Pollan, executive editor of Harper's and self-proclaimed amateur gardener, has written a book that is by turns charming and annoying, insightful and shallow, droll and banal. His collection of a dozen essays arranged by season is based on his experiences over a seven-year period in his Connecticut garden, along with vignettes from garden history. Unfortunately, Pollan's text is characterized by dubious and unsupported generalities, self-conscious humor, and extended, labored metaphors, and his lack of gardening authority dooms the book to superficiality. Experienced gardeners and devotees of garden literature will find little here that is original. Only for comprehensive gardening collections.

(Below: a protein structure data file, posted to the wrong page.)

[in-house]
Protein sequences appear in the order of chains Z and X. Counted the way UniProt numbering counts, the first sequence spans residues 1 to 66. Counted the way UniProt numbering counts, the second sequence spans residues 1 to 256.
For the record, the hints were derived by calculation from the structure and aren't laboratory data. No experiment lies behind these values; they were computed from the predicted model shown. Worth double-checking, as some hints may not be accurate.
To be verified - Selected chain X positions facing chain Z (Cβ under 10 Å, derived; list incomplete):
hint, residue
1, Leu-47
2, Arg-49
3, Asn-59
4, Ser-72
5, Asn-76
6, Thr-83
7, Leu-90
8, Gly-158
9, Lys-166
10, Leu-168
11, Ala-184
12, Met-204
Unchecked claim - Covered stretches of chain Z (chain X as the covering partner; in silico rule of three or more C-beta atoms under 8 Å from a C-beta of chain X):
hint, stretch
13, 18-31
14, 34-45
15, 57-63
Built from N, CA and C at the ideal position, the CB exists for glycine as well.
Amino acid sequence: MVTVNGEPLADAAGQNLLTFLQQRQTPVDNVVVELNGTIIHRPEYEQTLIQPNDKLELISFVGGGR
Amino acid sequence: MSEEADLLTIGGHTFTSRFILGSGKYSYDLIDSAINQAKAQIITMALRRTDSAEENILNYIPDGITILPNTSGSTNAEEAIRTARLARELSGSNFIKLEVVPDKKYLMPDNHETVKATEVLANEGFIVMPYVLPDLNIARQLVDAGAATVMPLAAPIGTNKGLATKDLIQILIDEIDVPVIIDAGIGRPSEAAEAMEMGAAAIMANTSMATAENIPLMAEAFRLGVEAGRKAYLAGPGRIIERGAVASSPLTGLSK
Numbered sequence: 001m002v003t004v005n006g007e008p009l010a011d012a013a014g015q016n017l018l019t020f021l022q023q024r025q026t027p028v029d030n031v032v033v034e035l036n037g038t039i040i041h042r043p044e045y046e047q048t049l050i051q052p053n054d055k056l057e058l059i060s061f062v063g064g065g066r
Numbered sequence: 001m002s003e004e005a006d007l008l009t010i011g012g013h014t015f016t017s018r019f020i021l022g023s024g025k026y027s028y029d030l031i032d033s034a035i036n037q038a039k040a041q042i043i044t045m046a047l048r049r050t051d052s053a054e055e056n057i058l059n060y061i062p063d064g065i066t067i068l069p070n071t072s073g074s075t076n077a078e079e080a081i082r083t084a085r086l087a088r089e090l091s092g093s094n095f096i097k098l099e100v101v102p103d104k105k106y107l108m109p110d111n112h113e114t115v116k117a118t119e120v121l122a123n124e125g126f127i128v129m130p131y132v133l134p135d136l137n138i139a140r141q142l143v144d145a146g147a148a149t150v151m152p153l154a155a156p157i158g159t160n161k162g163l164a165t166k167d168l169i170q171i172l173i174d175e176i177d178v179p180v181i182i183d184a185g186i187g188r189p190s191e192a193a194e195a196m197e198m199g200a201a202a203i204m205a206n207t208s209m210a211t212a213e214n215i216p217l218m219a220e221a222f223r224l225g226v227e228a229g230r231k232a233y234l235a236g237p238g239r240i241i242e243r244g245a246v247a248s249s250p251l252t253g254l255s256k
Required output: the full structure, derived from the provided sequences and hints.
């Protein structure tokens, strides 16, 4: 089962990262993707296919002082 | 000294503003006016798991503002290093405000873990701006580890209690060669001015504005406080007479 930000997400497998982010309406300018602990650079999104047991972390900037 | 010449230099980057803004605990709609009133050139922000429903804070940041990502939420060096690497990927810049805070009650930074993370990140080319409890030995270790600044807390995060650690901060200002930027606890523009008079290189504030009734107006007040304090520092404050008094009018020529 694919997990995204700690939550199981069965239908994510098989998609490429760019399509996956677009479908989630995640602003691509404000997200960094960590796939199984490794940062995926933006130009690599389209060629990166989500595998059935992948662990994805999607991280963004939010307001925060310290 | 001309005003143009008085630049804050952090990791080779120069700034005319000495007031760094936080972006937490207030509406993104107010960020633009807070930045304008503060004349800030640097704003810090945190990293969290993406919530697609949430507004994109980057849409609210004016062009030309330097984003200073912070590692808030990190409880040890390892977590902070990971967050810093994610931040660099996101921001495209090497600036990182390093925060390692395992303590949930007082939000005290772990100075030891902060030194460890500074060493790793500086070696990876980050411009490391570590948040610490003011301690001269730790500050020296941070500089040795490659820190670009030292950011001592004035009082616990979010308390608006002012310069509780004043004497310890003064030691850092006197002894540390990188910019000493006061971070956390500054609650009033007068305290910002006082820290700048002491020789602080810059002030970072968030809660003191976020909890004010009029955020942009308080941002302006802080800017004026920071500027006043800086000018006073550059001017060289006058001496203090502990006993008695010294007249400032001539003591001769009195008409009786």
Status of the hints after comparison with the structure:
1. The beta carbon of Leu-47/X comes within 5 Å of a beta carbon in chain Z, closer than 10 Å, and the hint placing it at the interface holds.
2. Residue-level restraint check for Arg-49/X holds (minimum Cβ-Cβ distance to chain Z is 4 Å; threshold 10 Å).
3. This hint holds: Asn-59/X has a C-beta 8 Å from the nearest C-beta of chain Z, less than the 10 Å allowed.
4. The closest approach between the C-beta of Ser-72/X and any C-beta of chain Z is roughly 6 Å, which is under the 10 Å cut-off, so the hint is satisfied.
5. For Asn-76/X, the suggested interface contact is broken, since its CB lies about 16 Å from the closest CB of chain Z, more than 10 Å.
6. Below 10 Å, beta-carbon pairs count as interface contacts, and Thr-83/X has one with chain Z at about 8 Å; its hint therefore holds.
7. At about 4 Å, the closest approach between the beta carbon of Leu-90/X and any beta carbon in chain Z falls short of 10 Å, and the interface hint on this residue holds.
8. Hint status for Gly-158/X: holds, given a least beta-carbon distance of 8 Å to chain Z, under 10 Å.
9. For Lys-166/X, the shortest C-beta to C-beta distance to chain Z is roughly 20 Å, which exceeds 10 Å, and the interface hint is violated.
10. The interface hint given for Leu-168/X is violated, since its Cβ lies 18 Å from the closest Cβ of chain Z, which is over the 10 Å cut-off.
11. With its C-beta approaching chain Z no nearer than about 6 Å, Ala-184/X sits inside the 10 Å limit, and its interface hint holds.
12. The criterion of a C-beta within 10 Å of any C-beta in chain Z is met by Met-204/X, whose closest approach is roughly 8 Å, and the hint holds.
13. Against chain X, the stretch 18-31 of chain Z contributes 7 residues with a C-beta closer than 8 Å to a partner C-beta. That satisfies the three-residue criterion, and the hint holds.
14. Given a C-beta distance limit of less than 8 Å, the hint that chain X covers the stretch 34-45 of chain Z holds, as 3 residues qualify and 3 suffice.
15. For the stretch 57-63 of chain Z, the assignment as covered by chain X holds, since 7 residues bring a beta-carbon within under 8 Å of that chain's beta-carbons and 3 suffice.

- Richard Shotwell, Hancock Shaker Village, Pittsfield, Mass.
Copyright 1991 Reed Business Information, Inc. --This text refers to an out of print or unavailable edition of this title.

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My first garden was a place no grown-up ever knew about, even though it was in the backyard of a quarter-acre suburban plot. Read the first page
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Customer Reviews

4.6 out of 5 stars
4.6 out of 5 stars
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4 of 4 people found the following review helpful